How do I choose which is right for my child?
There is no test to determine whether an 18-year-old is able to make decisions about health care, so that decision ultimately falls to parents. Krooks encourages parents to look honestly at whether their child has the capacity to understand medical decisions before they choose to pursue a Proxy or guardianship.
With a Proxy, “If there comes a time when you need to step in in an emergency and the person viewing the Proxy knows the child and knows they couldn’t have understood it when they signed it, you run the risk that they’ll consider it not effective,” Krooks warns. If there’s a gray area, and you’re not sure whether a Proxy or guardianship is best, Krooks encourages consulting your physician or a lawyer to get an educated third-party opinion on whether the child understands the nature of the documents he's signing.
When should I create a Proxy or pursue guardianship?
The proper time to do it is around the child’s 17th birthday. Determine if the child can make decisions on his own—if so, download and sign the Health Care Proxy form together.
If not, then you need to start the guardianship process, because it can take several months. “You want to be in a position when the child turns 18 that you immediately have access to all medical records, are able to participate in doctor appointments, and can make health decisions for your child-turned-adult,” Krooks says.
What is a successor guardian?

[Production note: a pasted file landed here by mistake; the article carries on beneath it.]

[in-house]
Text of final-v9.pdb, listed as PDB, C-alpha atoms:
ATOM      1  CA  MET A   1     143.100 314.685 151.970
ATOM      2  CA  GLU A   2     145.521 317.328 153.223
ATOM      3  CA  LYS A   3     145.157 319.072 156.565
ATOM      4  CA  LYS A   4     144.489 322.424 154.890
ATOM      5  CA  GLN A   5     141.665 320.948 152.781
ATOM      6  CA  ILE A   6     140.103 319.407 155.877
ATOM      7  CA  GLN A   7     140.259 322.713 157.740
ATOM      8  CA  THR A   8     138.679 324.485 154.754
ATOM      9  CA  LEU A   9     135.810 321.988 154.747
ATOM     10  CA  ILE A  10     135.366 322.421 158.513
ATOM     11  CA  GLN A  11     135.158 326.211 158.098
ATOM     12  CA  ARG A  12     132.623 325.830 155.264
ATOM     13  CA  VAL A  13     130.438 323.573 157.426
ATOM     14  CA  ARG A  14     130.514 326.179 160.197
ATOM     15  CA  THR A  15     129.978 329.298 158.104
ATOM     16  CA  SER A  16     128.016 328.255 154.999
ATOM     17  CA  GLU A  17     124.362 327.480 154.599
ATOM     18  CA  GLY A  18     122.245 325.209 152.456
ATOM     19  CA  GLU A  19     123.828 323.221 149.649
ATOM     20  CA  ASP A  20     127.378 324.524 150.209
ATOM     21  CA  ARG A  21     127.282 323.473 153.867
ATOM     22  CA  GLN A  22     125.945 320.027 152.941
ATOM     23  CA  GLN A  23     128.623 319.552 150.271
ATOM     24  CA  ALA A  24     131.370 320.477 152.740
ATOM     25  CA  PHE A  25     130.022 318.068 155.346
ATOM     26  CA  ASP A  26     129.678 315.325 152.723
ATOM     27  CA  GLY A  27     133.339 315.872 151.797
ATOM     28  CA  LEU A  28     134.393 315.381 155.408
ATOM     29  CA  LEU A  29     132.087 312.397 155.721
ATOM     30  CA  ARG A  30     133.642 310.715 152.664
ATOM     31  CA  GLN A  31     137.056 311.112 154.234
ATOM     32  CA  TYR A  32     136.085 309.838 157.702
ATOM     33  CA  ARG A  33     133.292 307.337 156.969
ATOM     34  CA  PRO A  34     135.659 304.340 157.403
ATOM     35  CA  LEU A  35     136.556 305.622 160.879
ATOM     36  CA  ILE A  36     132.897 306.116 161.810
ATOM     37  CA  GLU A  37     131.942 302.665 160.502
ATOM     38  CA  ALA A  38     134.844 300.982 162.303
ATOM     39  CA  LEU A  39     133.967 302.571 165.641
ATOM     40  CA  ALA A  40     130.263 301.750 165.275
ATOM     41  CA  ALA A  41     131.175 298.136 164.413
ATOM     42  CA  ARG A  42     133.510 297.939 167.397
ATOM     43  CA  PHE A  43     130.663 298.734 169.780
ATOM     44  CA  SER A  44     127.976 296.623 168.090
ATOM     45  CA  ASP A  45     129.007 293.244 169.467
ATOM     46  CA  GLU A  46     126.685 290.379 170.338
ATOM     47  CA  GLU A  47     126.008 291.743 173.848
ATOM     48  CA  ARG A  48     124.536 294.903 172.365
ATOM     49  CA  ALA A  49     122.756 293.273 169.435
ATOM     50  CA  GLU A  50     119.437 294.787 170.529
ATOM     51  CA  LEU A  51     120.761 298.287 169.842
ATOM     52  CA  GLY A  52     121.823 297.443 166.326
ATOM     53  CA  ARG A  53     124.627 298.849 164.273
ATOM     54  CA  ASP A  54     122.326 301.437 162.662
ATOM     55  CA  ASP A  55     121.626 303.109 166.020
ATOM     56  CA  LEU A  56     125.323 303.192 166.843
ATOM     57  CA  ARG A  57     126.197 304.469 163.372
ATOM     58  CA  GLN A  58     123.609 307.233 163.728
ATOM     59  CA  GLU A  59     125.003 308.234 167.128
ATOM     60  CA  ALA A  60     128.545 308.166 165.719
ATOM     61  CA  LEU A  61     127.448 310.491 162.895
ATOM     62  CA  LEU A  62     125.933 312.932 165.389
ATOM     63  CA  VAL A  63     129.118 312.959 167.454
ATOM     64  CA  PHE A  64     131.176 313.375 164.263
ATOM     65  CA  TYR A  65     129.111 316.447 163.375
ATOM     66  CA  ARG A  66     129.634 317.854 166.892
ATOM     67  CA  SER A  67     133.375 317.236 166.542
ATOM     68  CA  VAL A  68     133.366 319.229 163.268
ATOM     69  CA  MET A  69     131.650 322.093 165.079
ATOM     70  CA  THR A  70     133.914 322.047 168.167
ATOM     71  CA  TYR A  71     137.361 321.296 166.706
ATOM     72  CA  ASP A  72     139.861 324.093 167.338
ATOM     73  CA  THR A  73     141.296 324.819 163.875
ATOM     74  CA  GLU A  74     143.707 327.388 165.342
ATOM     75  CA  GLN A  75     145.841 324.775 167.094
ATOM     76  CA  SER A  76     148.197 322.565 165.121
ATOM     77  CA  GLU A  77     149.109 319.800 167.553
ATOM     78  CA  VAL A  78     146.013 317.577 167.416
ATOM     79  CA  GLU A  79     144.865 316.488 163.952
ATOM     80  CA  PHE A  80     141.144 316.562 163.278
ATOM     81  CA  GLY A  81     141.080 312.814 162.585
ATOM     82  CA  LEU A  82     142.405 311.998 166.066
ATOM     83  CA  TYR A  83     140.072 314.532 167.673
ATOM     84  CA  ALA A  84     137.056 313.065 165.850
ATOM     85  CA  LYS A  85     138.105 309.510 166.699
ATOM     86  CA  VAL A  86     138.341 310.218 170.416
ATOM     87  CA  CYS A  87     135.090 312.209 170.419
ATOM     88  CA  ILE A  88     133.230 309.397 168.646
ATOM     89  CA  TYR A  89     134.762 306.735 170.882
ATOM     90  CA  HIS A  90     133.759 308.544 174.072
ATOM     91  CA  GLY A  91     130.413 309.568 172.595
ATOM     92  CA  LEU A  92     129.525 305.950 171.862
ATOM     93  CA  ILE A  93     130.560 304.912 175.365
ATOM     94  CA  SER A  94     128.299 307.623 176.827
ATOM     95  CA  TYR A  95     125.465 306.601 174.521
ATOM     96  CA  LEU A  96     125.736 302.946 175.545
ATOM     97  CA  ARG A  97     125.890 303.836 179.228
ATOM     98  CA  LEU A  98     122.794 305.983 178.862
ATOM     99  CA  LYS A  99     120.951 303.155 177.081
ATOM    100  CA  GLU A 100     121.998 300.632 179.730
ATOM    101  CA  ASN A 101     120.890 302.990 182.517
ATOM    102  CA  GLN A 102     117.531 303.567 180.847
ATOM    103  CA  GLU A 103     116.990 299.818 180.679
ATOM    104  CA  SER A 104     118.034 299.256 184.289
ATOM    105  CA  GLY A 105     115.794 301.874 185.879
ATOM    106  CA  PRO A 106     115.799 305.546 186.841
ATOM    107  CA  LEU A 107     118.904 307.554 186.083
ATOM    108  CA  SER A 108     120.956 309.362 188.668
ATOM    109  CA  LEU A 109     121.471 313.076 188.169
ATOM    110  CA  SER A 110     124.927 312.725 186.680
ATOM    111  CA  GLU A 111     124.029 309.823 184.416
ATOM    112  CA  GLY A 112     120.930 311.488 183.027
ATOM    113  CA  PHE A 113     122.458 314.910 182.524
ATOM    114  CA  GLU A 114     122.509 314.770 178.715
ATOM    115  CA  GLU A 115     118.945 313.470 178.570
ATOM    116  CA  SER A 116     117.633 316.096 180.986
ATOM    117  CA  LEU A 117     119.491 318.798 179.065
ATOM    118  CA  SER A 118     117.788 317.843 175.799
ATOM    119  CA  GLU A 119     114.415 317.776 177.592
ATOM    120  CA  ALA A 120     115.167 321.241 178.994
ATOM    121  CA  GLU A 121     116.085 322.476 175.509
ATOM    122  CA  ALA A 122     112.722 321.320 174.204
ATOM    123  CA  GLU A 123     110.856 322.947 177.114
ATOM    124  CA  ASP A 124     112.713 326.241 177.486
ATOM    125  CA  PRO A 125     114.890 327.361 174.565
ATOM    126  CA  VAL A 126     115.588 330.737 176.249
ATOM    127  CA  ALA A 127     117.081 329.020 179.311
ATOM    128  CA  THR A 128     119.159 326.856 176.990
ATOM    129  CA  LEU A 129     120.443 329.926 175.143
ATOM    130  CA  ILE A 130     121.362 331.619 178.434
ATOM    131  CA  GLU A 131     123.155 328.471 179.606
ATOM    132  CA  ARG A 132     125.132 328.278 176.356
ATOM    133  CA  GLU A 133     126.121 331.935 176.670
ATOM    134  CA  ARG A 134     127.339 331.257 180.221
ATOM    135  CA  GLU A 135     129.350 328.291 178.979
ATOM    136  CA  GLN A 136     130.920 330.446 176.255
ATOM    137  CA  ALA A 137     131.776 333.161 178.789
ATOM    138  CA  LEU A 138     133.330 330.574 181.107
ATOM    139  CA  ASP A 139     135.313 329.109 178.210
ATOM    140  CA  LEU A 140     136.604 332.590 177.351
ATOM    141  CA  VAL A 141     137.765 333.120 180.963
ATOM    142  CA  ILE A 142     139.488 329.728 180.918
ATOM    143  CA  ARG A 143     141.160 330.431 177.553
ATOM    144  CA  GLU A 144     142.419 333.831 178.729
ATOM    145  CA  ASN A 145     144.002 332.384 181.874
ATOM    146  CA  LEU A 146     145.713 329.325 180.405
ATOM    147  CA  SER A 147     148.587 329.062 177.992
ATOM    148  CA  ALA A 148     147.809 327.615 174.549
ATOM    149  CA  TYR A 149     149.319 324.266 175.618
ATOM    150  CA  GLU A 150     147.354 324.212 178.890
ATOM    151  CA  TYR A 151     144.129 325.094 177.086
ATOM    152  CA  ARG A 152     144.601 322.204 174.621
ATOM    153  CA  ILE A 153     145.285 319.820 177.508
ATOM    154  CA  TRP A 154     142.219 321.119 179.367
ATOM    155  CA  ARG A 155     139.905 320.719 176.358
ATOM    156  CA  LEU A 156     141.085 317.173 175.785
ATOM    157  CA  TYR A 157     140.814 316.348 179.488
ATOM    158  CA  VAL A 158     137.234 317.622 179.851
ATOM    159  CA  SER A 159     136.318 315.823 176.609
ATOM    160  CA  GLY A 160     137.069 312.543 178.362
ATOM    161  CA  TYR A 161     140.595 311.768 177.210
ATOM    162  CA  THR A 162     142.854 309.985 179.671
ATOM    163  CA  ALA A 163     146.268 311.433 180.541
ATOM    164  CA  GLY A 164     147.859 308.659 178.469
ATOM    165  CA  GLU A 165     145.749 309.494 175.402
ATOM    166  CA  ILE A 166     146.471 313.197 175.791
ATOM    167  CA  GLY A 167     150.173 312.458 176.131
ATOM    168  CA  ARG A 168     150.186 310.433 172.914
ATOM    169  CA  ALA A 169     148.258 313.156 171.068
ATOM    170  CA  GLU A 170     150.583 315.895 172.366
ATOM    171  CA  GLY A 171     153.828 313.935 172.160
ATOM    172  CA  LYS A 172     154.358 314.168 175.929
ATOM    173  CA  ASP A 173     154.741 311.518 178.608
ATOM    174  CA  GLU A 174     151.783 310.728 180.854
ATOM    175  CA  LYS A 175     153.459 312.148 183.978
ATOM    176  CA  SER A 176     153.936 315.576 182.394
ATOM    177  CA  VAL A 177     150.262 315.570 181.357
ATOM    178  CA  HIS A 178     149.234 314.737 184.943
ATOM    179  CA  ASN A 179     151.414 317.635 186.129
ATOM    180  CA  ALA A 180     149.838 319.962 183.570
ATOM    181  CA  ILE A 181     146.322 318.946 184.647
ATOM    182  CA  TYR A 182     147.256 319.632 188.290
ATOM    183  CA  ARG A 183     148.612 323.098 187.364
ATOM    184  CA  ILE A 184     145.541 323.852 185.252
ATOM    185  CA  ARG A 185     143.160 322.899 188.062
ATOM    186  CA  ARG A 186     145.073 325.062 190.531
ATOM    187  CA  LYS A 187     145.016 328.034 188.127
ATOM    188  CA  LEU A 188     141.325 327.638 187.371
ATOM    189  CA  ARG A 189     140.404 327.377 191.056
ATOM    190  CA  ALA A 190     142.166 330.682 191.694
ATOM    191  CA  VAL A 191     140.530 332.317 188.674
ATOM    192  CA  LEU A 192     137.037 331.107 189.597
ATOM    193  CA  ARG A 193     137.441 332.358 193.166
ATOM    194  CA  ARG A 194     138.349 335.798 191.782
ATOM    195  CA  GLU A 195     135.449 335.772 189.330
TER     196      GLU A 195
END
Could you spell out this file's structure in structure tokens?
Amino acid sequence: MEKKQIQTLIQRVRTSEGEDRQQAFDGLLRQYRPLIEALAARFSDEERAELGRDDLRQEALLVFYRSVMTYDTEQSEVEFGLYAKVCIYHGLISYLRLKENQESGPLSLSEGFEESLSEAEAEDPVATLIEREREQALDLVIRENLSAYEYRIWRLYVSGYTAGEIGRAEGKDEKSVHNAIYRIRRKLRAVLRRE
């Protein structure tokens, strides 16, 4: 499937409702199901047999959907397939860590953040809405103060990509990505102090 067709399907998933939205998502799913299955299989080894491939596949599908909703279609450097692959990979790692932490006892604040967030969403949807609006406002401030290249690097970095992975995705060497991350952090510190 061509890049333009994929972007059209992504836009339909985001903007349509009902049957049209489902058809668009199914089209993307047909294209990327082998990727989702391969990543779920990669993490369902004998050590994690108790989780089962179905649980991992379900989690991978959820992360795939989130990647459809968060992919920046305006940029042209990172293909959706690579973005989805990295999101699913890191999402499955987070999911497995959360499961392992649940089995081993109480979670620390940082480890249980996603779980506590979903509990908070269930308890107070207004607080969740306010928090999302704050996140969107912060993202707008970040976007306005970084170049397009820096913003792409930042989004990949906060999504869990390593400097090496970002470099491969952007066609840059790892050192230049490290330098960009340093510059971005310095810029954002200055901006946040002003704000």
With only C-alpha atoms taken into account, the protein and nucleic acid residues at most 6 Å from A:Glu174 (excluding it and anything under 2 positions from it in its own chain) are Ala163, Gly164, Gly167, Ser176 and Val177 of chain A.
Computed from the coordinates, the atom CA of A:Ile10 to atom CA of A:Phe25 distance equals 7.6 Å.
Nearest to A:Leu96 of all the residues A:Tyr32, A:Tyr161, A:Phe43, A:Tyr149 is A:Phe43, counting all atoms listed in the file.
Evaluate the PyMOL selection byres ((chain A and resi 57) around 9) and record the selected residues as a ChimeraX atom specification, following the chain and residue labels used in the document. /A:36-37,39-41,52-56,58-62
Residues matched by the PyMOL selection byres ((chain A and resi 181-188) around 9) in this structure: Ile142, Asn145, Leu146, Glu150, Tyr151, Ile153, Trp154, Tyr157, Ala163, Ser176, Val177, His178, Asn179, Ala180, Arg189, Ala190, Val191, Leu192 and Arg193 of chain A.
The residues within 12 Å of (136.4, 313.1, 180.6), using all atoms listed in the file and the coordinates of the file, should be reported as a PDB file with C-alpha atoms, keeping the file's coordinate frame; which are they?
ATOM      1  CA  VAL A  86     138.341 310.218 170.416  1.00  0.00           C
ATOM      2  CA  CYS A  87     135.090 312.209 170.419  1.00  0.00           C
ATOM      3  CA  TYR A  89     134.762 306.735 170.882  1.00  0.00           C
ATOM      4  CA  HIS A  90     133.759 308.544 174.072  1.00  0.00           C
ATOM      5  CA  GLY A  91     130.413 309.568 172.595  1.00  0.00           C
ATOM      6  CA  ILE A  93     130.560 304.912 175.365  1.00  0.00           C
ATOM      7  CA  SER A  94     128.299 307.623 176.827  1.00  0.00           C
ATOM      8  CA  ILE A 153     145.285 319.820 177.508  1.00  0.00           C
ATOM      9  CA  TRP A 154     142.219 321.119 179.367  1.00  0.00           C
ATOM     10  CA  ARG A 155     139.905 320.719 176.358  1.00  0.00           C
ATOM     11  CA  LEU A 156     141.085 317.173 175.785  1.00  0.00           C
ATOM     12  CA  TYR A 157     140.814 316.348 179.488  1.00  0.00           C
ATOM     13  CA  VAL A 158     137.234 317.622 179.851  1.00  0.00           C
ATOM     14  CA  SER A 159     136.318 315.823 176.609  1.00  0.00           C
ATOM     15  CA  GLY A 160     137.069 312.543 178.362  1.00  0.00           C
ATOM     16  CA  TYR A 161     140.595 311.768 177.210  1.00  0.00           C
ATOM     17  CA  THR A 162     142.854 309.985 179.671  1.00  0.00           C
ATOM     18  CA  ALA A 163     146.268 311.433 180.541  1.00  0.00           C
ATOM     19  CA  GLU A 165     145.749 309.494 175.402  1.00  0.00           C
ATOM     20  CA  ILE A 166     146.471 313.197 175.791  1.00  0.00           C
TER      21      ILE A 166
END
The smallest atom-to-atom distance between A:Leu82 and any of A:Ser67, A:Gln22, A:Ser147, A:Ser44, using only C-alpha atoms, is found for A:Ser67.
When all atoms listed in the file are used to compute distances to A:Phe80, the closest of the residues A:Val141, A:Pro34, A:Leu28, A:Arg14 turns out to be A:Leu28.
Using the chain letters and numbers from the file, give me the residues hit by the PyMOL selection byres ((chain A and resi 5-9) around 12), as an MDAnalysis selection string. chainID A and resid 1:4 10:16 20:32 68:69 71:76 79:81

If you pursue legal guardianship for your child, be sure to appoint a successor guardian, Krooks says. “If something happens to you, you should have another adult who can take over for you. He or she will have to qualify, and the court will go through a vetting process to make sure they're able to serve as a guardian.”
What is a letter of intent?
You should also prepare a letter of intent. “In this day and age, it’s likely the parent will pass away before the child with disabilities does, so you want to make sure the future guardian is aware of your wishes for your child in respect to their health care treatment,” Krooks says. “A letter of intent is like a road map for them.” Find a detailed outline for your letter of intent at specialneedsnewyork.com/letter-of-intent.
Bernard A. Krooks, J.D., is a founding partner of the law firm Littman Krooks LLP, which has offices in White Plains, Manhattan, and Fishkill. He is also a past president of the Special Needs Alliance.